Missed opportunities
The overall talent of the 2015 draft was solid, but the first-round is littered with players who will never make the major leagues. Fulmer was taken one pick after Benintendi, but the White Sox rushed him to the majors in 2016 and he never recovered. He was designated for assignment in July 2020 and is now with Cherington in Pittsburgh. Ian Happ was another player who could have been on Boston's radar at pick seven, and after a couple seasons that saw him contribute slightly-above average offense while being a liability on defense, he was demoted for most of the 2019 season. He is having a breakout season in 2020 as he has gotten his strikeout rate below 30 percent.

While it would have been great to draft a lot of the players mentioned earlier, they were either gone by the time Boston was back on the clock in round three or they were not rated high enough to take at pick seven. This underscores the squandering of the two picks that were surrendered for Sandoval and Ramirez, as they had no chance to get creative and had to play the board as it fell to them.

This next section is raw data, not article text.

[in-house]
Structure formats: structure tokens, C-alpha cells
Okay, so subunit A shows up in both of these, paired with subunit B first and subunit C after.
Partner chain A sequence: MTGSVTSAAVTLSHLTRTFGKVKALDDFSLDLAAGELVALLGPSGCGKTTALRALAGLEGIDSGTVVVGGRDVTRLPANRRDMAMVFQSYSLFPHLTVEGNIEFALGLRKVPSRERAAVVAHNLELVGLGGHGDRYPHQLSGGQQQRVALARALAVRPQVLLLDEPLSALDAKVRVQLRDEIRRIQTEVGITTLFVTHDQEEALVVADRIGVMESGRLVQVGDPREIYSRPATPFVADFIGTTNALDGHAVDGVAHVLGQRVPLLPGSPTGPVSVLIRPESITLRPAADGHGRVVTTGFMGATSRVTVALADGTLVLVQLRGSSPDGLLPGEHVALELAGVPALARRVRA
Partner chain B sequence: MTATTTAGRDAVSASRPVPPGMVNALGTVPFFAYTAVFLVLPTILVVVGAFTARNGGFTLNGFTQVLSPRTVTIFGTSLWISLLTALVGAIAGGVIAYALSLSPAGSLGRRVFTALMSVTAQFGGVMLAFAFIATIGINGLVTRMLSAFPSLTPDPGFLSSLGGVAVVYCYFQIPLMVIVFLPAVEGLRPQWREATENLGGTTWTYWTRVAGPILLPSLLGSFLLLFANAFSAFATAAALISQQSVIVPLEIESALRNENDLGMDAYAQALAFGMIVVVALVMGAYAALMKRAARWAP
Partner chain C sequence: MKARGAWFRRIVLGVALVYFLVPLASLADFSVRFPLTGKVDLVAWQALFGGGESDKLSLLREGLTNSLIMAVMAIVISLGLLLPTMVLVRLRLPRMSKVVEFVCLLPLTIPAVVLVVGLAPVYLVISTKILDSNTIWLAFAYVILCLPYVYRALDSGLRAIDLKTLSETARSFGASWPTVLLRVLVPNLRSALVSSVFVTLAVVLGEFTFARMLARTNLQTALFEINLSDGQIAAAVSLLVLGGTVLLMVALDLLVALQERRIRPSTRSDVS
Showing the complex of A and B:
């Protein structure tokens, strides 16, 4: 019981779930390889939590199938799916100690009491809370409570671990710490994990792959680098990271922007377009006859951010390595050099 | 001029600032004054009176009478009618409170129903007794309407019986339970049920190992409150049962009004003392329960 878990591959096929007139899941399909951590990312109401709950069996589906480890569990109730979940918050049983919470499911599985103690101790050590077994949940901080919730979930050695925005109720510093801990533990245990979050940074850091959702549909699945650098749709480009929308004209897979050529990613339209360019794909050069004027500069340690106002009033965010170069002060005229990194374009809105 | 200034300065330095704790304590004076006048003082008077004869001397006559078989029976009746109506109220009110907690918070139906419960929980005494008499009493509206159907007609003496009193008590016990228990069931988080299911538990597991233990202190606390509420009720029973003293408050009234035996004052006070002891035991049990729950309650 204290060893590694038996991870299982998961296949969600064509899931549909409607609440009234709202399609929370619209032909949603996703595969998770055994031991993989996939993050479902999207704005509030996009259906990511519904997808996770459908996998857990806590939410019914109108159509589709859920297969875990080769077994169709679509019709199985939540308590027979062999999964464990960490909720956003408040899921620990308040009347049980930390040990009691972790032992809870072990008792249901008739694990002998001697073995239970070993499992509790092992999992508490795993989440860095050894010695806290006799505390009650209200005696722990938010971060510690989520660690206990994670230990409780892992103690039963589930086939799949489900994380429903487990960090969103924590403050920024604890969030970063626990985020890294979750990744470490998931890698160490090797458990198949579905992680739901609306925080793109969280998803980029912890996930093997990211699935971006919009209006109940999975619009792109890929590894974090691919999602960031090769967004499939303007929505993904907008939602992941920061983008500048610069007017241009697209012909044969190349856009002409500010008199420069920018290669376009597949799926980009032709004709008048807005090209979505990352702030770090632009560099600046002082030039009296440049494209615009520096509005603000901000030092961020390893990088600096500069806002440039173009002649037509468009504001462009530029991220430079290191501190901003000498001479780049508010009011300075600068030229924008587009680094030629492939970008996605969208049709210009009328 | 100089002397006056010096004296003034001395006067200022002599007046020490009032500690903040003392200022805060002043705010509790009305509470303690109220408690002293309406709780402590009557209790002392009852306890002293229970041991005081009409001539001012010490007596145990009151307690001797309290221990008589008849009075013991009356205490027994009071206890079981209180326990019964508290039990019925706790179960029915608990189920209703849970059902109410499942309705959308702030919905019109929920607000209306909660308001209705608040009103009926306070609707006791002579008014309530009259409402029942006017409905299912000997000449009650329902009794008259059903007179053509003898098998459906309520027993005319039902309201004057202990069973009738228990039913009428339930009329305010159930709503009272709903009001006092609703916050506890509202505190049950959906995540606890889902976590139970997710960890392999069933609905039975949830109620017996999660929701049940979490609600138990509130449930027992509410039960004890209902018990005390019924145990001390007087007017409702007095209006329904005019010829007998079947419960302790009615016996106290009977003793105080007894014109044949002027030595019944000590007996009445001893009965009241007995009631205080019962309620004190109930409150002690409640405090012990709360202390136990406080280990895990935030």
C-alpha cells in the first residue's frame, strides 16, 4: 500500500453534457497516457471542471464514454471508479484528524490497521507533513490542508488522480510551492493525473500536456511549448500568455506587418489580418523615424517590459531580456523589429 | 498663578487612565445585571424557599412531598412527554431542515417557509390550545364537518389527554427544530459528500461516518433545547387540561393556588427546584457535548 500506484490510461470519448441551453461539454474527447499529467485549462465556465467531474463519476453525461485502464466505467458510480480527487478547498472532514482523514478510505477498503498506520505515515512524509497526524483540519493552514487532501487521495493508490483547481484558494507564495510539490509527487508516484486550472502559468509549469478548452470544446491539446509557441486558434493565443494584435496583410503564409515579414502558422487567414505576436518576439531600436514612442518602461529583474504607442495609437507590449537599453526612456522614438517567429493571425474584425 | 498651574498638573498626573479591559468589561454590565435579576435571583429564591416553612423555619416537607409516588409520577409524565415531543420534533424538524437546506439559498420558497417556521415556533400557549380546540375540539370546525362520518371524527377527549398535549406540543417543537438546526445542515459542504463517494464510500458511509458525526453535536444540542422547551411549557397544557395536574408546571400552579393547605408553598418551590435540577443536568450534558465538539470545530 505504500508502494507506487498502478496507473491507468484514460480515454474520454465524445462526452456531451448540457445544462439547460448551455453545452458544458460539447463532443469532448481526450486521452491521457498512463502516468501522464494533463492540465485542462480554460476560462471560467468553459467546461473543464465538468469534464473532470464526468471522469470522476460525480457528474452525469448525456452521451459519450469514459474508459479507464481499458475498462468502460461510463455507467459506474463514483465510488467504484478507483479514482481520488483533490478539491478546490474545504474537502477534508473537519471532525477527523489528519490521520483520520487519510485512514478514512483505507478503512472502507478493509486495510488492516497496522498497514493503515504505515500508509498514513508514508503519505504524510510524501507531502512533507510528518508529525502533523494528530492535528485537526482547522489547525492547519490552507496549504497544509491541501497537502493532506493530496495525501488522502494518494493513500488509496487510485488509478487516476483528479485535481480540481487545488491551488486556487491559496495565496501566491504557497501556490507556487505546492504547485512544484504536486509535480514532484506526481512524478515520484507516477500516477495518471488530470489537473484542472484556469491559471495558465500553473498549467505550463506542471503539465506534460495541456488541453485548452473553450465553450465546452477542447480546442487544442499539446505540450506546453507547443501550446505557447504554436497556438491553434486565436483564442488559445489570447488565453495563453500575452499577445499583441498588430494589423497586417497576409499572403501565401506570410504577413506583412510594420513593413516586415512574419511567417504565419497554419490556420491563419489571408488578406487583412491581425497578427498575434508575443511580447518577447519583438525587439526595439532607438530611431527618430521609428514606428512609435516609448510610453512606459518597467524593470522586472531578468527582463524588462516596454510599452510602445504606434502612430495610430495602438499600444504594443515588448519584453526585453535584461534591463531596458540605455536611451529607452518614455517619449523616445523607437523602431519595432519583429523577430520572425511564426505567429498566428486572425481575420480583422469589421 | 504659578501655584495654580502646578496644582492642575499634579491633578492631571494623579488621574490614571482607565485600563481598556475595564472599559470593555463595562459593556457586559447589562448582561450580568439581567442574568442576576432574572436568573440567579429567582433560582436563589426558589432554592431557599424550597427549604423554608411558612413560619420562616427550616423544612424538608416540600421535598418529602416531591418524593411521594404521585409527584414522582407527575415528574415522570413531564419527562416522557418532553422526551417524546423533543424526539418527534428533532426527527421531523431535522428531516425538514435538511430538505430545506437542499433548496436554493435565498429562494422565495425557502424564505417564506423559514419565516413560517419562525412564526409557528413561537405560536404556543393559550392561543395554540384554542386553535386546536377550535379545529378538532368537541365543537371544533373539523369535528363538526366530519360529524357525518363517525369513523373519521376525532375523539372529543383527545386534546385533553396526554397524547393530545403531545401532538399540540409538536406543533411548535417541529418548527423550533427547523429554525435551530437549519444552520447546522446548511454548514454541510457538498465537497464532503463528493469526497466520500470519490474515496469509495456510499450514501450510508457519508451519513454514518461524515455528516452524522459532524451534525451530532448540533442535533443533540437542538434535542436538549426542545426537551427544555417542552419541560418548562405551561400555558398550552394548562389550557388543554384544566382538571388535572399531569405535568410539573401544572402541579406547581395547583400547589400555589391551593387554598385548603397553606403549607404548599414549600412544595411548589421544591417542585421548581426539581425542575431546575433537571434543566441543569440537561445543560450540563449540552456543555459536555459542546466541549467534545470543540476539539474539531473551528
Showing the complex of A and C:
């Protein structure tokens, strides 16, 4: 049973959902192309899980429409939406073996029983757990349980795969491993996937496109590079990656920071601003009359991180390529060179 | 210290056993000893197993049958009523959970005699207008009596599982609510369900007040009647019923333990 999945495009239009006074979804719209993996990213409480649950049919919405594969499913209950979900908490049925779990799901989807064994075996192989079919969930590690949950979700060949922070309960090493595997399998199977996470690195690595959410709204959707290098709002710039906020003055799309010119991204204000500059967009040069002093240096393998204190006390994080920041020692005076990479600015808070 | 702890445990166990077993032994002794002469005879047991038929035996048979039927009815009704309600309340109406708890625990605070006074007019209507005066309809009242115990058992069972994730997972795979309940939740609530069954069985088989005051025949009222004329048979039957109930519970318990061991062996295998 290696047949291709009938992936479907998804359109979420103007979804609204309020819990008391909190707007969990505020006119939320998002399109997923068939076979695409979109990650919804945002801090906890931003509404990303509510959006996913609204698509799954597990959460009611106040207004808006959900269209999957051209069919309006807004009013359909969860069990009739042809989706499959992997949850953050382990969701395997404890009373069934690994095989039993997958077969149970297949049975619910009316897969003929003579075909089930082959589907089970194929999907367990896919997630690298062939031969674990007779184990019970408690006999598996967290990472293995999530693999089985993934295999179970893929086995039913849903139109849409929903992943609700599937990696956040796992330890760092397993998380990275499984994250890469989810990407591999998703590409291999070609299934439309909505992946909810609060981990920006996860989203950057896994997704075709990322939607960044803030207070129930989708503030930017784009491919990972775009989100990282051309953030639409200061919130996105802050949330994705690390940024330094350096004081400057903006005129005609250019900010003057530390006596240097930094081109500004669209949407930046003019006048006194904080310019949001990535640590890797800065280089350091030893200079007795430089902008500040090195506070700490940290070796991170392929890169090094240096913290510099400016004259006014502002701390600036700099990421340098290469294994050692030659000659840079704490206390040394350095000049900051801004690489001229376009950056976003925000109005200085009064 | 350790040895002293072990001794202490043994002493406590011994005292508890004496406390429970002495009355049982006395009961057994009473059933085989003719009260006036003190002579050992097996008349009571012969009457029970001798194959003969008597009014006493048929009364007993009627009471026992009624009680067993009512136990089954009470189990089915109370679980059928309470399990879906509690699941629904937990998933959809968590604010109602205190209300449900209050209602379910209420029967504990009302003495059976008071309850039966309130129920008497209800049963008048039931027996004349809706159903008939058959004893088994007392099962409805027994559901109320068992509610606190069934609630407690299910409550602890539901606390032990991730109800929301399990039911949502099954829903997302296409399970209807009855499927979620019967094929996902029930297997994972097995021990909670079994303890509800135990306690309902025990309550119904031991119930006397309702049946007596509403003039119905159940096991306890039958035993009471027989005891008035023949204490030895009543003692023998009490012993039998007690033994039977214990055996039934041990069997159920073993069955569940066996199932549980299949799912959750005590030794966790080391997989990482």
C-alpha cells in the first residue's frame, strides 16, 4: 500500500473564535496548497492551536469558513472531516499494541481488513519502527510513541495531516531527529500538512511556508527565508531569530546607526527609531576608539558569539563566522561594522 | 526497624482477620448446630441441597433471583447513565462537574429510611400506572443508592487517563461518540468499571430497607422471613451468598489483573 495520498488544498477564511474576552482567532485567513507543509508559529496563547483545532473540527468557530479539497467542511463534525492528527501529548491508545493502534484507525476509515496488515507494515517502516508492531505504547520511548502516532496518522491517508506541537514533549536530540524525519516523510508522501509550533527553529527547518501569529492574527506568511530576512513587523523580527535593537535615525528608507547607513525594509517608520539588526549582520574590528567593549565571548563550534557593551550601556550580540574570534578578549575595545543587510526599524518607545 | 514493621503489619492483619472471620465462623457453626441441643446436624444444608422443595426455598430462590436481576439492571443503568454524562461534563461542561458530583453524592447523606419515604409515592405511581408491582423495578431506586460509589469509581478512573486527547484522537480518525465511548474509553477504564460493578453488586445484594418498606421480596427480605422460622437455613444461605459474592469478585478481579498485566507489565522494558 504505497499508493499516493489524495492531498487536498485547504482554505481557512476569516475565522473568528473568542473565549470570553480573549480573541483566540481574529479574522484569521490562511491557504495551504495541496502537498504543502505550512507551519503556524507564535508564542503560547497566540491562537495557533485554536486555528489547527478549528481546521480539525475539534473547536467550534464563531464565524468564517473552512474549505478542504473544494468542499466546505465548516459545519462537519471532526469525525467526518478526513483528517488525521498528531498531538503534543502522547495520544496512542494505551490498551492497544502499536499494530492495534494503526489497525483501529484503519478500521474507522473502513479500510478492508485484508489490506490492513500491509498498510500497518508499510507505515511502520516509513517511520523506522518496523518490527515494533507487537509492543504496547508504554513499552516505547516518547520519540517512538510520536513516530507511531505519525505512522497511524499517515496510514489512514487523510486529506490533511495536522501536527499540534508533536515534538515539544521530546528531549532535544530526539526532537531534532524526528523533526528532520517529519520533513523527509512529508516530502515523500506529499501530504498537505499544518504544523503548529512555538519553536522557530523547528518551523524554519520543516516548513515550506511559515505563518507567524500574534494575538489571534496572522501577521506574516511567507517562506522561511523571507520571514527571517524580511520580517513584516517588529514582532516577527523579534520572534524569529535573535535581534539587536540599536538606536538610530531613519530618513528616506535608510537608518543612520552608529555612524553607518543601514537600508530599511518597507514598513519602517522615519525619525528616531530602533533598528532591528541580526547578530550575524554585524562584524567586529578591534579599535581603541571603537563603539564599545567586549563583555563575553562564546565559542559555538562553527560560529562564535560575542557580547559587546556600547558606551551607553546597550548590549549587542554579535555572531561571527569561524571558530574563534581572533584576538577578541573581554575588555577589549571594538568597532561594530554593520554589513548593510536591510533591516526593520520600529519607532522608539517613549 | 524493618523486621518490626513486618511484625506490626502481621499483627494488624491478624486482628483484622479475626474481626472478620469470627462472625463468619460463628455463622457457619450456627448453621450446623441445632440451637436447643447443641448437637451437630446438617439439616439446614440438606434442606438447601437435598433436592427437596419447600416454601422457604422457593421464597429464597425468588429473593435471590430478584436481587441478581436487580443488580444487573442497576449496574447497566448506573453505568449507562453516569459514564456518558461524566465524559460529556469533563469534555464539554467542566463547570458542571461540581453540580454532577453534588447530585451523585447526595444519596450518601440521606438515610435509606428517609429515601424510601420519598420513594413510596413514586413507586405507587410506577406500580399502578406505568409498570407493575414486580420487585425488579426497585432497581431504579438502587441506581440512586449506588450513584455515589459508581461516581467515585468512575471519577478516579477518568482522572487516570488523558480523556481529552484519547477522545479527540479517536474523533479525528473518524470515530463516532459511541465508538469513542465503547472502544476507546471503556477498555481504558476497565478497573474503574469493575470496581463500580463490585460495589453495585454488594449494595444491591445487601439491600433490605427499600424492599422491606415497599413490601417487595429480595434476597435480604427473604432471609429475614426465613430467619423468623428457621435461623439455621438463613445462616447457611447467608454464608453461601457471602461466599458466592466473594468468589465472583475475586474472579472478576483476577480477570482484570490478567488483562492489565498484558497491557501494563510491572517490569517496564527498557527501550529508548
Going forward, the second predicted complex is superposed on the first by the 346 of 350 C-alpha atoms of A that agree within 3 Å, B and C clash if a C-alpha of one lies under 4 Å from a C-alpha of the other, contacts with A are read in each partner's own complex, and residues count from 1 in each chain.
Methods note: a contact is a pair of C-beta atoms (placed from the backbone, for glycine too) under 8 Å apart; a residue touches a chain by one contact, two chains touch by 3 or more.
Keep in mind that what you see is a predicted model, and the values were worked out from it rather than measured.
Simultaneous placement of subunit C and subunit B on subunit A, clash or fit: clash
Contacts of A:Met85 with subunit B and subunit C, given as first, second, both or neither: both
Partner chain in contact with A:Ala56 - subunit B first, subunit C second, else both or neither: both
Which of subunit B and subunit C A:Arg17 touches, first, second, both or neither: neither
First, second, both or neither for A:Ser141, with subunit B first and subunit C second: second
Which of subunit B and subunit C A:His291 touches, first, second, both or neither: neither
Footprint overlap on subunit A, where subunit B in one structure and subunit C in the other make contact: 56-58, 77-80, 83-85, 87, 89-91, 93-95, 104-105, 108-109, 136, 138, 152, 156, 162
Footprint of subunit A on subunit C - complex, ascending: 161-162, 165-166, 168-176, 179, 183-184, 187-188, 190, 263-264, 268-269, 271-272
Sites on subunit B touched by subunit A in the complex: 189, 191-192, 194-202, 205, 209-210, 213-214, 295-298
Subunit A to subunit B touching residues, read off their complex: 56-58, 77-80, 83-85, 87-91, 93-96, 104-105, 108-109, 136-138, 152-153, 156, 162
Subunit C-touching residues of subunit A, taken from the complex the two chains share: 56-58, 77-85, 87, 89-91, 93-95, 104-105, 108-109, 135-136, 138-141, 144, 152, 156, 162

Final thoughts
At this point the draft hinges on Benintendi, and based on his pedigree, it would be foolish to write him off. There was nothing fluky about his 2018 season when he was a borderline All-Star, and in 2019 his batted ball profile showed that he got a bit unlucky, with an expected slugging percentage of .470 compared with his actual slugging percentage of .431. His 2020 season, prior to the rib injury that now appears to have ended his campaign, was ugly, but it was just a 14-game sample size in a very bizarre year under unique circumstances. The Red Sox still view him highly, and he will enter 2021 with a starting spot unless another team decides to overpay for him in a trade. 

The only other player still in the organization who might reasonably provide some value is Poyner (pictured, right), though he was ultimately removed from the 40-man roster, cleared waivers, and is no longer in the 2020 Player Pool. 2015's draft class, headlined by a single early pick followed by two forfeited selections, looked fated to potentially become a one-man draft in a way that even the 2013 draft was not. So far, the return has been solid with Benintendi, whose return to form will determine whether the draft is viewed along the lines of 2004 when Dustin Pedroia's stellar career more than made up for a lack of depth.

Photo Credit: Andrew Benintendi, Tate Matheny, Travis Lakins, and Bobby Poyner by Kelly O'Connor